Unifying Call: Crossbenchers Demand Action on Indigenous Rights

In a rare display of bipartisan unity, crossbench MPs and Senators have joined forces today to advocate for urgent action on deaths in custody and the removal of First Nations children from their families.

In an open letter addressed to Prime Minister Anthony Albanese, Minister Linda Burney, and Attorney General Mark Dreyfus, the crossbench has made a fervent plea for the government to advance the recommendations outlined in the 1991 Royal Commission into Aboriginal Deaths in Custody and the 1997 Bringing Them Home Report.

Initiated by Senator Lidia Thorpe, the open letter calling for action on Indigenous deaths in custody and child removals has garnered support from a coalition of Senators and MPs. Credit: supplied.
Initiated by Senator Lidia Thorpe, the open letter calling for action on Indigenous deaths in custody and child removals has garnered support from a coalition of Senators and MPs. Credit: supplied.

The letter underscores the need for enhanced powers and funding for the Aboriginal and Torres Strait Islander Human Rights Commissioner to oversee the implementation of the Royal Commission’s recommendations, the majority of which have remained unaddressed two decades after their issuance.

Additionally, it advocates for the newly announced National Commissioner for Aboriginal and Torres Strait Islander Children to oversee the implementation of the Bringing Them Home report recommendations.

Recent data revealed in the Closing the Gap report this month paints a grim picture, showing worsening rates of Indigenous suicide, incarceration, and children placed in out-of-home care.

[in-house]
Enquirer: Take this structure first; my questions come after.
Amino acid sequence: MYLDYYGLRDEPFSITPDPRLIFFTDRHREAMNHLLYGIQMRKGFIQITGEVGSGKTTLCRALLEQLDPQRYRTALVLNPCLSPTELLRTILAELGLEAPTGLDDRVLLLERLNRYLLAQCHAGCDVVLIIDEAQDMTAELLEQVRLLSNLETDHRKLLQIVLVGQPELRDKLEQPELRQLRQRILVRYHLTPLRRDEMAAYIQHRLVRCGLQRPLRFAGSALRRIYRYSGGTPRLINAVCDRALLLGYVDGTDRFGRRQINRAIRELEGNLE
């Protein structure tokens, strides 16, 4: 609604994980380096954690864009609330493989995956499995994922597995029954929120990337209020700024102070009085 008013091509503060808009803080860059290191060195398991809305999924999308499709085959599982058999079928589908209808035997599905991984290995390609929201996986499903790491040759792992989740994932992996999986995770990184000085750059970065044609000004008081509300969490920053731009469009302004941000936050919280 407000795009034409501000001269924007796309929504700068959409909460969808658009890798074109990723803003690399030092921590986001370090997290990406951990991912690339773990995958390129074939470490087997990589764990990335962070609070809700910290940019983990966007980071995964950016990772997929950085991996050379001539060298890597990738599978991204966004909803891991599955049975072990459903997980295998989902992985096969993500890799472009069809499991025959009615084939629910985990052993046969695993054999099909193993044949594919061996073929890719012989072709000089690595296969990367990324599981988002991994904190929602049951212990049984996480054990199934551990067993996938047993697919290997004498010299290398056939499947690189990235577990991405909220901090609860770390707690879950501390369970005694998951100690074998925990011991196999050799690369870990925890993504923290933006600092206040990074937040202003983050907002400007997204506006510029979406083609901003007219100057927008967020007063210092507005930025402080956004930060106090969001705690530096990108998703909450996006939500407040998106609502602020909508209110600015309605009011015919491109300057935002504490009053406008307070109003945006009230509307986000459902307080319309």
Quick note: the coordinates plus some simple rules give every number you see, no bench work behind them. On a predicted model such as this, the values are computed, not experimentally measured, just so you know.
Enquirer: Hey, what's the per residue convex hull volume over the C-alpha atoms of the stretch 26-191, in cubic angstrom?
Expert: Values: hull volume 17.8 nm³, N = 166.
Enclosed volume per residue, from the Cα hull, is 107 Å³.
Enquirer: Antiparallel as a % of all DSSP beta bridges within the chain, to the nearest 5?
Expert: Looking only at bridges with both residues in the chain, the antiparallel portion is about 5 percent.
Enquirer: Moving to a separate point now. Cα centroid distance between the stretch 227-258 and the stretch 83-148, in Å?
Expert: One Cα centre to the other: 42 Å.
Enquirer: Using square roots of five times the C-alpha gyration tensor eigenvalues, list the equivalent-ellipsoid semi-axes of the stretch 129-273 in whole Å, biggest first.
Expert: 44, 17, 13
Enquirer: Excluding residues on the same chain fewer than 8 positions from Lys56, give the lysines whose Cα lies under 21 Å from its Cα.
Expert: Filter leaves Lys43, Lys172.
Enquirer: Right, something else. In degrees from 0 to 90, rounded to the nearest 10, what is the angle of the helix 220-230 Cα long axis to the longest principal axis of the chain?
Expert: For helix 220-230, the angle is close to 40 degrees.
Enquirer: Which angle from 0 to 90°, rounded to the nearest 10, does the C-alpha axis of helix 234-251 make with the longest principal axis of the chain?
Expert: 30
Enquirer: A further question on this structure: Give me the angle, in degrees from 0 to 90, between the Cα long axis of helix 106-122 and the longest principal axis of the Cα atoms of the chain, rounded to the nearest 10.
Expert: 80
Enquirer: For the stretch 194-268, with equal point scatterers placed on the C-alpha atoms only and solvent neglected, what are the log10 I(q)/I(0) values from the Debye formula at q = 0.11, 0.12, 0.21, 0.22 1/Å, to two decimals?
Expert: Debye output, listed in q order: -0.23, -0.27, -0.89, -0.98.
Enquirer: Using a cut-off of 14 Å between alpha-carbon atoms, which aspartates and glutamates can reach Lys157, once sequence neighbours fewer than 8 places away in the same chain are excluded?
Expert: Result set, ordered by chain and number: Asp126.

Alarmingly, there has been no improvement in the rates of imprisonment of First Nations children. Moreover, Productivity Commission data released this year highlighted that the overall rate of deaths in custody has reached its highest point in more than a decade.

Initiated by Senator Lidia Thorpe, the letter has garnered support from a coalition of Senators and MPs, including David Pocock, Jacquie Lambie, Tammy Tyrrell, Andrew Wilkie, Kylea Tink, Zali Steggall, Monique Ryan, Kate Chaney, Zoe Daniel, Helen Haines, Sophie Scamps, and Allegra Spender.

Speaking on the urgency of the matter, Senator Thorpe emphasised, “Monitoring and oversight of progress on these critical reforms is a necessary step towards positive change for First Peoples on a larger scale.”

Adding to the chorus of voices demanding action, Independent Member for Clark, Andrew Wilkie MP, denounced the prolonged inaction, stating, “It is simply unconscionable that 27 years on from the release of the Bringing Them Home Report, and 33 years on from the release of the Royal Commission into Aboriginal Deaths in Custody, the majority of recommendations have not been implemented.”

Wilkie urged the government to enact substantial reforms to protect and promote the rights of Aboriginal and Torres Strait Islander people, stressing, “We should start by fully implementing the recommendations of these reports.”

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